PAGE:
6.3   Rule 6.3 Membership in Legal Services Organization

6.3:100   Comparative Analysis of Arizona Rule

6.3:101      Model Rule Comparison

There were no changes made to this Rule or the accompanying Comment by the 2003 amendments to the Arizona Rules of Professional Conduct.

AZ-ER 6.3 is substantially identical, with the sole difference being that Arizona did not include the words "or action" in subparts (a) and (b) of the Rule. The Comment accompanying AZ-ER 6.3 is identical to the Comment accompanying MR 6.3.

6.3:102      Model Code Comparison

There was no counterpart to this Rule in the former Code of Professional Responsibility.

6.3:200   Conflicts of Interest of Lawyers Participating in a Legal Services Organization

AZ-ER 6.3 permits a lawyer to serve as a director, officer or member of a legal services organization, apart from the firm or organization in which the lawyer practices, even though the organization provides services to persons whose interests might be adverse to clients of the lawyer. As the Comment to the Rule notes: "A lawyer who is an officer or a member of such an organization does not thereby have a client-lawyer relationship with persons served by the organization." Comment, AZ-ER 6.3, 1. Moreover, there is a recognized value in having lawyers serve on the boards of such organizations, and the mere possibility of a conflict between a lawyer's own clients and persons provided legal services by the organization is not sufficient to preclude the lawyer from serving on such boards entirely. Notwithstanding that, however, a lawyer serving on such a board must be sensitive to his or her obligations to clients under all the ethical rules, and particularly the rules concerning conflicts of interest.

Thus, under the Rule itself, the lawyer cannot knowingly participate in a decision or action of the legal services organization if that decision would be incompatible with the lawyer's obligations to a client under AZ-ER 1.7. Similarly, a lawyer serving a legal services organization in the capacity of director, officer or member may not knowingly participate in a decision or action of the organization if the decision could have a material adverse impact on the representation of a client served by the organization whose interests are adverse to a client of the lawyer.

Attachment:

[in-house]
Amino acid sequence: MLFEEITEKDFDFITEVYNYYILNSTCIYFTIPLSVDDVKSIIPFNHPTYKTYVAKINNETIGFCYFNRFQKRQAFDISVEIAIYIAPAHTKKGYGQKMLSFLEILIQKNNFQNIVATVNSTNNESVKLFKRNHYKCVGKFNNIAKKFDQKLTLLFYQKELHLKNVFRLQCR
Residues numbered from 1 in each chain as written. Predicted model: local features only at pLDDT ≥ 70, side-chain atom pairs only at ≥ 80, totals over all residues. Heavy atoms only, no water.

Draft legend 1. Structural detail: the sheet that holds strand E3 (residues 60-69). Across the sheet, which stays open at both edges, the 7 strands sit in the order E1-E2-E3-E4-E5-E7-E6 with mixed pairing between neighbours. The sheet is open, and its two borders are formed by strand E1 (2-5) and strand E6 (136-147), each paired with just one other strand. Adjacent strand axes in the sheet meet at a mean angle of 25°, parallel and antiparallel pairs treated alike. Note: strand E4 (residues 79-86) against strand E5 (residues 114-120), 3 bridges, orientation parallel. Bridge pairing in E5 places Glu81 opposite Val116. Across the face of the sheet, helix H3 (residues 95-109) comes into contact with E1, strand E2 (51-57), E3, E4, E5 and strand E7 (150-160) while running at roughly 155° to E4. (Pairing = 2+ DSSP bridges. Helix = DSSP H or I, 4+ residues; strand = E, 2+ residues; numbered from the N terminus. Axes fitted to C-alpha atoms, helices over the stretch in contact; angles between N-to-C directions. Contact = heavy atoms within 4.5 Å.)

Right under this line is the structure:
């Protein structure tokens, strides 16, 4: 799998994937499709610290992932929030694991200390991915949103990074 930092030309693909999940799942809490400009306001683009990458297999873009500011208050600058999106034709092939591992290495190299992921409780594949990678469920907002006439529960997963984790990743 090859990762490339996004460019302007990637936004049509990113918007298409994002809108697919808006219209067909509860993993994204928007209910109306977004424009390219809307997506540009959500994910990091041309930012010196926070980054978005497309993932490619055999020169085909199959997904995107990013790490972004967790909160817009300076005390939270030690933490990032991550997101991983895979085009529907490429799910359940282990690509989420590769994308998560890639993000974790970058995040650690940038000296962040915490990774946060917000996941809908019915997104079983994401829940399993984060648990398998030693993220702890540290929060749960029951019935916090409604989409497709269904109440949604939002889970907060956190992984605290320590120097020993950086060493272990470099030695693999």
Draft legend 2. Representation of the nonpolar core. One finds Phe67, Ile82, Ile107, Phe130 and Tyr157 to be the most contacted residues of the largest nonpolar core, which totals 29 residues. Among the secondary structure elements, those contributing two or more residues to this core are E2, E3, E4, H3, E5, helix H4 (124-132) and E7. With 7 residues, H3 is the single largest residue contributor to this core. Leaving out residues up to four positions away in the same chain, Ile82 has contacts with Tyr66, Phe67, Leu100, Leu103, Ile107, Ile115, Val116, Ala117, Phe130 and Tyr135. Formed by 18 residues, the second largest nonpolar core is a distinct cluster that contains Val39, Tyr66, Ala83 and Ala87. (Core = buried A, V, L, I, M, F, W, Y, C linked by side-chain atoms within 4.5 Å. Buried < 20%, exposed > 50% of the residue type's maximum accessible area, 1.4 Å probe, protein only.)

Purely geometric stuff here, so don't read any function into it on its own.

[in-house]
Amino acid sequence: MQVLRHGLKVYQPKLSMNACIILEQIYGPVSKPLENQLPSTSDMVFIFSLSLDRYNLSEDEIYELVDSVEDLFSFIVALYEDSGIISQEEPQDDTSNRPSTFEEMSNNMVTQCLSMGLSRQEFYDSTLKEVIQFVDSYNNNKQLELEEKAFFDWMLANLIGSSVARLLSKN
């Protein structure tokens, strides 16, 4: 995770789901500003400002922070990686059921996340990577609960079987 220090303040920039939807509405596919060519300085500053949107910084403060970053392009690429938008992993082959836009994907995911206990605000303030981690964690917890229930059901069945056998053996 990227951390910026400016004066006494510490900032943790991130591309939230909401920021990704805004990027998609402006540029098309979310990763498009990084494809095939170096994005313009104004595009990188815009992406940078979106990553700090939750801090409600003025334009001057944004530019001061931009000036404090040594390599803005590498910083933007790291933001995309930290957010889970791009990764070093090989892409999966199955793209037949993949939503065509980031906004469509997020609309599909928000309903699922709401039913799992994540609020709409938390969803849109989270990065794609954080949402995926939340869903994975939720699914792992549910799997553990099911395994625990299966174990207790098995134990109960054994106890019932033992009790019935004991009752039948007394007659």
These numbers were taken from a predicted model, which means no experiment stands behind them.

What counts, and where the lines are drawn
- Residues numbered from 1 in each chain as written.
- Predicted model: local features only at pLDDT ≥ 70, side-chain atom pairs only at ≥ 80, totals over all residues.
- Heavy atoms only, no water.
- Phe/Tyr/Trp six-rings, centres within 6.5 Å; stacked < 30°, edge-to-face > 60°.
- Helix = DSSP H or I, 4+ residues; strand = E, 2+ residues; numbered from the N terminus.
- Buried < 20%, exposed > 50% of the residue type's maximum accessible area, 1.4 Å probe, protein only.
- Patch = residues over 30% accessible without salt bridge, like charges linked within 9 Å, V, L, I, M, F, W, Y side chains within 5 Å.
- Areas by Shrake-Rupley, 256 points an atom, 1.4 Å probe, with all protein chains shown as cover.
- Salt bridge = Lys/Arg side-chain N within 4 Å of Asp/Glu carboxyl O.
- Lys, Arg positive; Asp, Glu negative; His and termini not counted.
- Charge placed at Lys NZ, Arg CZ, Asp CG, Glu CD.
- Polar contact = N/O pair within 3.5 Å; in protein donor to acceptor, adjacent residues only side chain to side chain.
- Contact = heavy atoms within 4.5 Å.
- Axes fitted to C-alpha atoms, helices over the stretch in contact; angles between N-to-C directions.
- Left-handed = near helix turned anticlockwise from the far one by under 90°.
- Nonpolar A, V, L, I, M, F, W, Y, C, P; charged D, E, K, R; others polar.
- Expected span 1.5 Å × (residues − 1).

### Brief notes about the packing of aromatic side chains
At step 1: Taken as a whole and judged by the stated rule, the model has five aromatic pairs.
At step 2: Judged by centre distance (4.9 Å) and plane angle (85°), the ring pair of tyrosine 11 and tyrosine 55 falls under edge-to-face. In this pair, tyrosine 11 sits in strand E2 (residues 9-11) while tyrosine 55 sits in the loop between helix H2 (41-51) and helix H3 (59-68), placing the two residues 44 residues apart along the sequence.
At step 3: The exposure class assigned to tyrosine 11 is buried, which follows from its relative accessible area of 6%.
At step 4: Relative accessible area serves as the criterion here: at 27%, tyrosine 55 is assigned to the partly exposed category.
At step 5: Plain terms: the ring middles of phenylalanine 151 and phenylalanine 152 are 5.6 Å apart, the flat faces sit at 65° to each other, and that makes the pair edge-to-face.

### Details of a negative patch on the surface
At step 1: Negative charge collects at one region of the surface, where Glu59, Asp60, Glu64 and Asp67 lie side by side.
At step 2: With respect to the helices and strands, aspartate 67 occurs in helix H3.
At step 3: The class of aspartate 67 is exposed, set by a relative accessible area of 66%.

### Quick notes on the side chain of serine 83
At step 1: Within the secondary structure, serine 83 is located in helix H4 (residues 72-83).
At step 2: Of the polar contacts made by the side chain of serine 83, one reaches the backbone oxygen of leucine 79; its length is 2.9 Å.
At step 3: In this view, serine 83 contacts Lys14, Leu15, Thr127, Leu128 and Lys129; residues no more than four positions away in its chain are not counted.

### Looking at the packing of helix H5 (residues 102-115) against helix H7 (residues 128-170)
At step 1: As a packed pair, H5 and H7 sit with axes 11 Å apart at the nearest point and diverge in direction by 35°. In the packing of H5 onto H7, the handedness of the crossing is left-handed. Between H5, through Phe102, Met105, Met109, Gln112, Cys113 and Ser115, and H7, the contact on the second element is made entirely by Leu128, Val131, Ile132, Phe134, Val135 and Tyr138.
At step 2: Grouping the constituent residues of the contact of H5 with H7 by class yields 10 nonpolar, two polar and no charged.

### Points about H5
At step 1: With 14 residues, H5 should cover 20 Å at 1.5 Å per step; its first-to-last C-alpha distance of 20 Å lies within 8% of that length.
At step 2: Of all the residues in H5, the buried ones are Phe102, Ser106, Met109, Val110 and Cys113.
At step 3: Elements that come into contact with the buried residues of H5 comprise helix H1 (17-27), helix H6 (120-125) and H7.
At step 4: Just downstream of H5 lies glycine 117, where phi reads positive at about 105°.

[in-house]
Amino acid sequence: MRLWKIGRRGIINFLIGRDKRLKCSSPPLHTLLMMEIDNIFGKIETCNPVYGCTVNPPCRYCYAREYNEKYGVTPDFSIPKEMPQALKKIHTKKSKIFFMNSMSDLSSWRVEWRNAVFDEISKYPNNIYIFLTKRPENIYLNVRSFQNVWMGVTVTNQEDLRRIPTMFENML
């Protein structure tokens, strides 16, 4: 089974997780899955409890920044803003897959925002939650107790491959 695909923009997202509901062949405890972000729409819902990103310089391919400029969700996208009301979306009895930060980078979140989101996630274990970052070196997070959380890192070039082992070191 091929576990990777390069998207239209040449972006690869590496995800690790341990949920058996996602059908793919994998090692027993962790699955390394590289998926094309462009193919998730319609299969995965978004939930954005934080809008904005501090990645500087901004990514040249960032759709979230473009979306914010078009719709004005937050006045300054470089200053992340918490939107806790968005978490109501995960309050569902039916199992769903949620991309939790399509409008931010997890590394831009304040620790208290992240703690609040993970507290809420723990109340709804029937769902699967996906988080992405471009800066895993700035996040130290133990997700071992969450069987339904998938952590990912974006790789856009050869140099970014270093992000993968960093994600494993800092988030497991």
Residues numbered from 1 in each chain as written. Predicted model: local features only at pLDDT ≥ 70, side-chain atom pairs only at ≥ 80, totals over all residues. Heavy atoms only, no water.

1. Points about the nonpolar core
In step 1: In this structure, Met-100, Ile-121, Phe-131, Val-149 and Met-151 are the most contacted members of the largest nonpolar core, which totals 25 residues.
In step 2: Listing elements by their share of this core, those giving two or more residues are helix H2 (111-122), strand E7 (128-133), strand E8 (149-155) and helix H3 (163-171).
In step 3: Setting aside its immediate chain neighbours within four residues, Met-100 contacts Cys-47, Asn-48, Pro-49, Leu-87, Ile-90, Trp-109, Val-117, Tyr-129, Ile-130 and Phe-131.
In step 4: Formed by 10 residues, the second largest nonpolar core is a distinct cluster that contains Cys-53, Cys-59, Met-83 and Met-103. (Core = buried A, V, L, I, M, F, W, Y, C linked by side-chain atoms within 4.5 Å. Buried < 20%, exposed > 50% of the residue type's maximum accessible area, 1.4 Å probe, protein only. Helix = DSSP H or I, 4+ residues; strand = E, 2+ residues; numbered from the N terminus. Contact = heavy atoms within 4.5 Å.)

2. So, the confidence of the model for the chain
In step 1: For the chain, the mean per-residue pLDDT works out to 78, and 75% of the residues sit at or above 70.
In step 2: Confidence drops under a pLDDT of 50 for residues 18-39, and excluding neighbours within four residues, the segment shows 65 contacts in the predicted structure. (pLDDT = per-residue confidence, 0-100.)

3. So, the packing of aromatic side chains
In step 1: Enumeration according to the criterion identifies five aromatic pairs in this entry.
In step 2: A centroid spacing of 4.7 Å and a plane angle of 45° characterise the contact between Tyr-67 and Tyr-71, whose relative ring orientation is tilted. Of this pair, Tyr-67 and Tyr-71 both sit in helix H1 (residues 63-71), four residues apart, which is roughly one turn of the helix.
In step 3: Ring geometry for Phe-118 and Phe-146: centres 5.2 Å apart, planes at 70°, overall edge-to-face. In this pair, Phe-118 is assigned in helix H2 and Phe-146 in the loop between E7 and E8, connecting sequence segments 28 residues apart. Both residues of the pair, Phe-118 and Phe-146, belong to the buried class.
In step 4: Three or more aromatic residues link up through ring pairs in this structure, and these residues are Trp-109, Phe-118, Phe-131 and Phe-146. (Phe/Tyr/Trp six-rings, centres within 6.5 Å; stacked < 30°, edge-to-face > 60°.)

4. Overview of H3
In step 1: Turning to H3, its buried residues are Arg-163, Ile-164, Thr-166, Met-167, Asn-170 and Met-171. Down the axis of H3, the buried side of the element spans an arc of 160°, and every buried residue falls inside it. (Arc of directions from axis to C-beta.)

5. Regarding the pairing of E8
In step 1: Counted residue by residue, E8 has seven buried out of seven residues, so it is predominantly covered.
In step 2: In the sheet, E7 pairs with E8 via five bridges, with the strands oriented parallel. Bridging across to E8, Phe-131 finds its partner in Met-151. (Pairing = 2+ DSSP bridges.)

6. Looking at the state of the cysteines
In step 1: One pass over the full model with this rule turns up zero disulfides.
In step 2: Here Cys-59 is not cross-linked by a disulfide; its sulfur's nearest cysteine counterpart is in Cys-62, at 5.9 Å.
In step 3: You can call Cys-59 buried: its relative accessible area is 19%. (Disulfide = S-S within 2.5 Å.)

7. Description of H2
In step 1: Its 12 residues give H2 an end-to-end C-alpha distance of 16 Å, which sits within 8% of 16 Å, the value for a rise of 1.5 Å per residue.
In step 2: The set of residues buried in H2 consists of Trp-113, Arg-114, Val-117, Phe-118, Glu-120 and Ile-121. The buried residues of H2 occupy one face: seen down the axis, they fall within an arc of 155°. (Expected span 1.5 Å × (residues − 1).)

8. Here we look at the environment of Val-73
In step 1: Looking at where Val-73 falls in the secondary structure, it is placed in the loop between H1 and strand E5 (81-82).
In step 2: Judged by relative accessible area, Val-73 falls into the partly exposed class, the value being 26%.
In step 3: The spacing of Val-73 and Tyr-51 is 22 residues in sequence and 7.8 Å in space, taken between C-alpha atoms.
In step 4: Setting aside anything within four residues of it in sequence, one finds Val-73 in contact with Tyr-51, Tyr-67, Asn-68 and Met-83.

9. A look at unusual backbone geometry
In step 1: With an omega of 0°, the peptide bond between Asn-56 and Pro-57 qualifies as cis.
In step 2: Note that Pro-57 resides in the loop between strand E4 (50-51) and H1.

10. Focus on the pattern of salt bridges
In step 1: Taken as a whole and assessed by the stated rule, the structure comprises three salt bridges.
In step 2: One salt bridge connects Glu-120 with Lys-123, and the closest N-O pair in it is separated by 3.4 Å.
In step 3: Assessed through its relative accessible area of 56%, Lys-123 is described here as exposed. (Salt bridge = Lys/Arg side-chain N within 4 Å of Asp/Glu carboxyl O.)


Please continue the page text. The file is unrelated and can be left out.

There are no other Arizona authorities which apply or elaborate upon the principles of AZ-ER 6.3 and the accompanying Comment.

6.4   Rule 6.4 Law Reform Activities Affecting Client Interests

6.4:100   Comparative Analysis of Arizona Rule

6.4:101      Model Rule Comparison

There were no changes made to this Rule or the accompanying Comment by the 2003 amendments to the Arizona Rules of Professional Conduct.

AZ-ER 6.4 and its accompanying Comment are identical to MR 6.4 and its accompanying Comment.

6.4:102      Model Code Comparison

The former Code of Professional Responsibility contained no counterpart to this Rule.

6.4:200   Conflicts of Interest of Lawyers Participating in Law Reform Organizations

AZ-ER 6.4 permits a lawyer to serve as a director, officer, or member of an organization involved in the reform of the law. The ethical cautions to which the lawyer serving in such a capacity must be sensitive are much reduced from the situation where the lawyer serves in a similar capacity for a legal services organization (which is the subject of AZ-ER 6.3), because law reform organizations typically do not provide legal services for persons whose interests might conflict with those of a client of the lawyer. As the Comment to the Rule notes:

Lawyers involved in organizations seeking law reform generally do not have a client-lawyer relationship with the organization. Otherwise, it might follow that a lawyer could not be involved in a bar association law reform program that might indirectly affect a client.

Comment, AZ-ER 6.4, 1. In fact, the only restriction on a lawyer's participation in law reform programs that is articulated in the Rule and the accompanying Comment is one which the drafters of the Rule felt necessary to "protect the integrity of the program . . ." If a lawyer serves as a director, officer or member of an organization involved in law reform activities, and the lawyer knows that a potential decision of the organization may materially benefit a client of the lawyer, the must make an appropriate disclosure of that circumstances, but need not disclose the identity of the client involved. The language of the Rule suggests that, if the appropriate disclosure is made, the lawyer may proceed to participate in the decision in question.